Leonardo da Vinci and a Memory of His Childhood
LEONARDO DA VINCI AND A MEMORY OF HIS CHILDHOOD
This monograph on Leonardo da Vinci was the first of this kind written by Freud, and he had great reservations about it. There were precedents, however: Isidor Sadger had written several histories of artists with pathologies (Conrad-Ferdinand Meyer, Nikolas Lenau, Heinrich von Kleist). For years Freud had been interested in Leonardo da Vinci (see his letter to Wilhelm Fliess of October 9, 1898) and identified with Leonardo's passion for investigation and the nature of his research, which created a scandal at the time. Leonardo da Vinci and his ilk—Francis Bacon, Nicolas Copernicus, Bernard Palissy—are heroes of scientific research, men who have "troubled the world's sleep" (Friedrich Hebbel).
The first of the book's six chapters discusses the passion for investigation, its infantile origins, and its drawbacks from the point of view of love, social relations, and other activities. Leonardo is a good example of such behavior because he allows Freud to contrast the inhibition (the slowness of execution) characteristic of his painting with his excessive investment in research. Freud defines the three outcomes of infantile sexual investigation: inhibition, obsession, sublimation. "[L]ibido evades the fate of repression by being sublimated at the very beginning into curiosity" (p. 79).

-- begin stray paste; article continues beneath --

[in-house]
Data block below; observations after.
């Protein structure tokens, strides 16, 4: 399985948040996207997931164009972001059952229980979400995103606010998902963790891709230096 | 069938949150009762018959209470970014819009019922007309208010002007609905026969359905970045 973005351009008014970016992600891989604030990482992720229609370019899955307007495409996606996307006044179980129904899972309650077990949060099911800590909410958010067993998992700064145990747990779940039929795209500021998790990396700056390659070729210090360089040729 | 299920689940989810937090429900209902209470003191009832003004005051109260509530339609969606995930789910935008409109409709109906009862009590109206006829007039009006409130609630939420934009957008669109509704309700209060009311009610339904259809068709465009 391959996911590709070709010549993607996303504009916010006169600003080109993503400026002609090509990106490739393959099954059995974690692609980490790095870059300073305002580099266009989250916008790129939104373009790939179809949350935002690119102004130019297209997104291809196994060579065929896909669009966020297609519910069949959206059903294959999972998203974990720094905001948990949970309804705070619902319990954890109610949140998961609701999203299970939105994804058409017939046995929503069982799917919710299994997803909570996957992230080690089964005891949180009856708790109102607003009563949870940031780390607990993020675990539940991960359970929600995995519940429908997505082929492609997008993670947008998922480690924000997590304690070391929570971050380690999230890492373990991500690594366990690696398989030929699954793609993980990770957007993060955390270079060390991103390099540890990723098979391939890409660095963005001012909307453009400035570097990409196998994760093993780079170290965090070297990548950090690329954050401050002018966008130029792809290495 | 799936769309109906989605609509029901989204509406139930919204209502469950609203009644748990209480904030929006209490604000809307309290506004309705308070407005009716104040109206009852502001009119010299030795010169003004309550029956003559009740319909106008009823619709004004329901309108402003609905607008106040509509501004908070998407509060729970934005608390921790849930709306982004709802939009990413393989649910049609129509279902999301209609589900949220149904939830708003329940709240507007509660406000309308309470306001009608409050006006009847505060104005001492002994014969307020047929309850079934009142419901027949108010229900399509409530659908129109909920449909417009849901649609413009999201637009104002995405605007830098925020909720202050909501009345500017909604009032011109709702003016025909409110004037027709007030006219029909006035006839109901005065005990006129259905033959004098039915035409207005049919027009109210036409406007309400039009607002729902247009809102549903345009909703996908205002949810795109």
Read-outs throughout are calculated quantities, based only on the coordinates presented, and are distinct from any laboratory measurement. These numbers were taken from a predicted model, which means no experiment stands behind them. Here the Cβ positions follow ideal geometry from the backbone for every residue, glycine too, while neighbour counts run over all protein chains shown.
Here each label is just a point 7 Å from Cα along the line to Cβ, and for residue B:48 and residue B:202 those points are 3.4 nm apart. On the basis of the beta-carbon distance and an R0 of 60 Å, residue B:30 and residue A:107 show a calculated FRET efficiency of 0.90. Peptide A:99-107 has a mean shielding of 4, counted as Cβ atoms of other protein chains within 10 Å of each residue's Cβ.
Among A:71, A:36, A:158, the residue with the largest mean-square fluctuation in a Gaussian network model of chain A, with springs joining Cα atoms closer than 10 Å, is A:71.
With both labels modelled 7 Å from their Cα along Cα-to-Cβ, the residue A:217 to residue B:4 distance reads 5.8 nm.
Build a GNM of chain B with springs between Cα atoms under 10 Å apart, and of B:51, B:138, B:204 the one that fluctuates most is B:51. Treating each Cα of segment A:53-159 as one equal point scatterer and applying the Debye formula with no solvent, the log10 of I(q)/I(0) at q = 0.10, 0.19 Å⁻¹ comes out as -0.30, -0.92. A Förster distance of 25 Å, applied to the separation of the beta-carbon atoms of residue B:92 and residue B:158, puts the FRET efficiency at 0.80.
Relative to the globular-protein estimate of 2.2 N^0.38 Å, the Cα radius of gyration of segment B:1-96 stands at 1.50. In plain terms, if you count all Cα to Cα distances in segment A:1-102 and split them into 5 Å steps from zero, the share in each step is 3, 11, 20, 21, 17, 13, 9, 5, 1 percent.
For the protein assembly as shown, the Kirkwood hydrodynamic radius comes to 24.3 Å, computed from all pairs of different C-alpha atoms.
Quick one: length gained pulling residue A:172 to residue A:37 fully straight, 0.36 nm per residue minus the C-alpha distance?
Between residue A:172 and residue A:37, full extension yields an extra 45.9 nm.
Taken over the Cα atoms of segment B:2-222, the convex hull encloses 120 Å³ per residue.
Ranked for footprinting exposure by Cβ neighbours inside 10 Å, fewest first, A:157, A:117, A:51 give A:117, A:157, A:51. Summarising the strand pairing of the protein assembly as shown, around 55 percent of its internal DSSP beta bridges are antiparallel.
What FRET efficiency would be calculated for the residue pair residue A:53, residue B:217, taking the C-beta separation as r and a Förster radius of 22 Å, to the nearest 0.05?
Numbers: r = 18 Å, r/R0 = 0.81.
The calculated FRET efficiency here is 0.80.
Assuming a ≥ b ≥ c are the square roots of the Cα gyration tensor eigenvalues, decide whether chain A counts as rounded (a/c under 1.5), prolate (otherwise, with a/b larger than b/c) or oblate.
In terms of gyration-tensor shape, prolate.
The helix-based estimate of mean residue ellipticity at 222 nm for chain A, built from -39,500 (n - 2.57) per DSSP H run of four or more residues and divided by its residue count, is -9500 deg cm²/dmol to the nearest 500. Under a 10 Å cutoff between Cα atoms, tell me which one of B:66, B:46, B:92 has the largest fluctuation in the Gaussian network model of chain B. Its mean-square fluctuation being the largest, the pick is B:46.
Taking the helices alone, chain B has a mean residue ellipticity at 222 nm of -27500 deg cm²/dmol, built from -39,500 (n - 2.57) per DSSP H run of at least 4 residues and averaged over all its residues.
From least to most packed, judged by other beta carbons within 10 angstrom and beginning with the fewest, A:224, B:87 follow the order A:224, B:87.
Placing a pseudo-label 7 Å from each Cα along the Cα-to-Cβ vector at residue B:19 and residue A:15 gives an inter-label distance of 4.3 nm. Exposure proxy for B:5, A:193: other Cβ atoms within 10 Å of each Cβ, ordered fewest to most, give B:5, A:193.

The second chapter is devoted to Leonardo's memory of his childhood. Freud interprets the memory as a fantasy and compares it with mythological information. Unfortunately, Freud's discussion is not pertinent, because a translation error leads him to talk about a vulture instead of a kite.
The third chapter provides a description, based on the fantasy of fellatio expressed in the memory, of a particular type of homosexuality. In this type of homosexuality, the subject identifies with his mother so he can experience self-love through other young men, objects of his homosexual choice. This discussion considers narcissistic choice long before Freud introduced the concept of narcissism.
In chapter 4 Freud continues his discussion of the memory of Leonardo's mother in his analysis of Mona Lisa's smile. Chapter 5 describes Leonardo's antagonism toward his father. Freud saw in this antagonism the origin of Leonardo's courage as an investigator, primarily in the face of religious authority. Chapter 6, which contains an important discussion of the role of chance, presents Freud's methodological conclusion on creativity.
Freud's essay on Leonardo is one of his best known works. Though Freud quotes several biographies of artists, he transforms the art form by investigating the obsessive investment associated with sublimated activity.
Sophie de Mijolla-Mellor
See also: Applied psychoanalysis and the interaction of psychoanalysis; Eissler, Kurt Robert; History and psychoanalysis; Homosexuality; Identification; Intellectualization; Knowledge or research, instinct for; Literary and artistic creation; Memory; "On Narcissism: An Introduction"; Phallic mother; Phallic woman; Visual arts and psychoanalysis; Psychobiography; Psychohistory; Repetition; Sublimation; Thought.
Freud, Sigmund. (1910c). Eine Kindheitserinnerung des Leonardo da Vinci. Leipzig: F. Deuticke; G.W., vol. 8, pp. 127-211. Leonardo da Vinci and a memory of his childhood. SE, 11: 57-137.
Barande, Ilse. (1977). Le maternel singulier: Freud et Léonard de Vinci. Paris: Aubier-Montaigne.
Eissler, Kurt R. (1961). Leonardo da Vinci. New York: International Universities Press.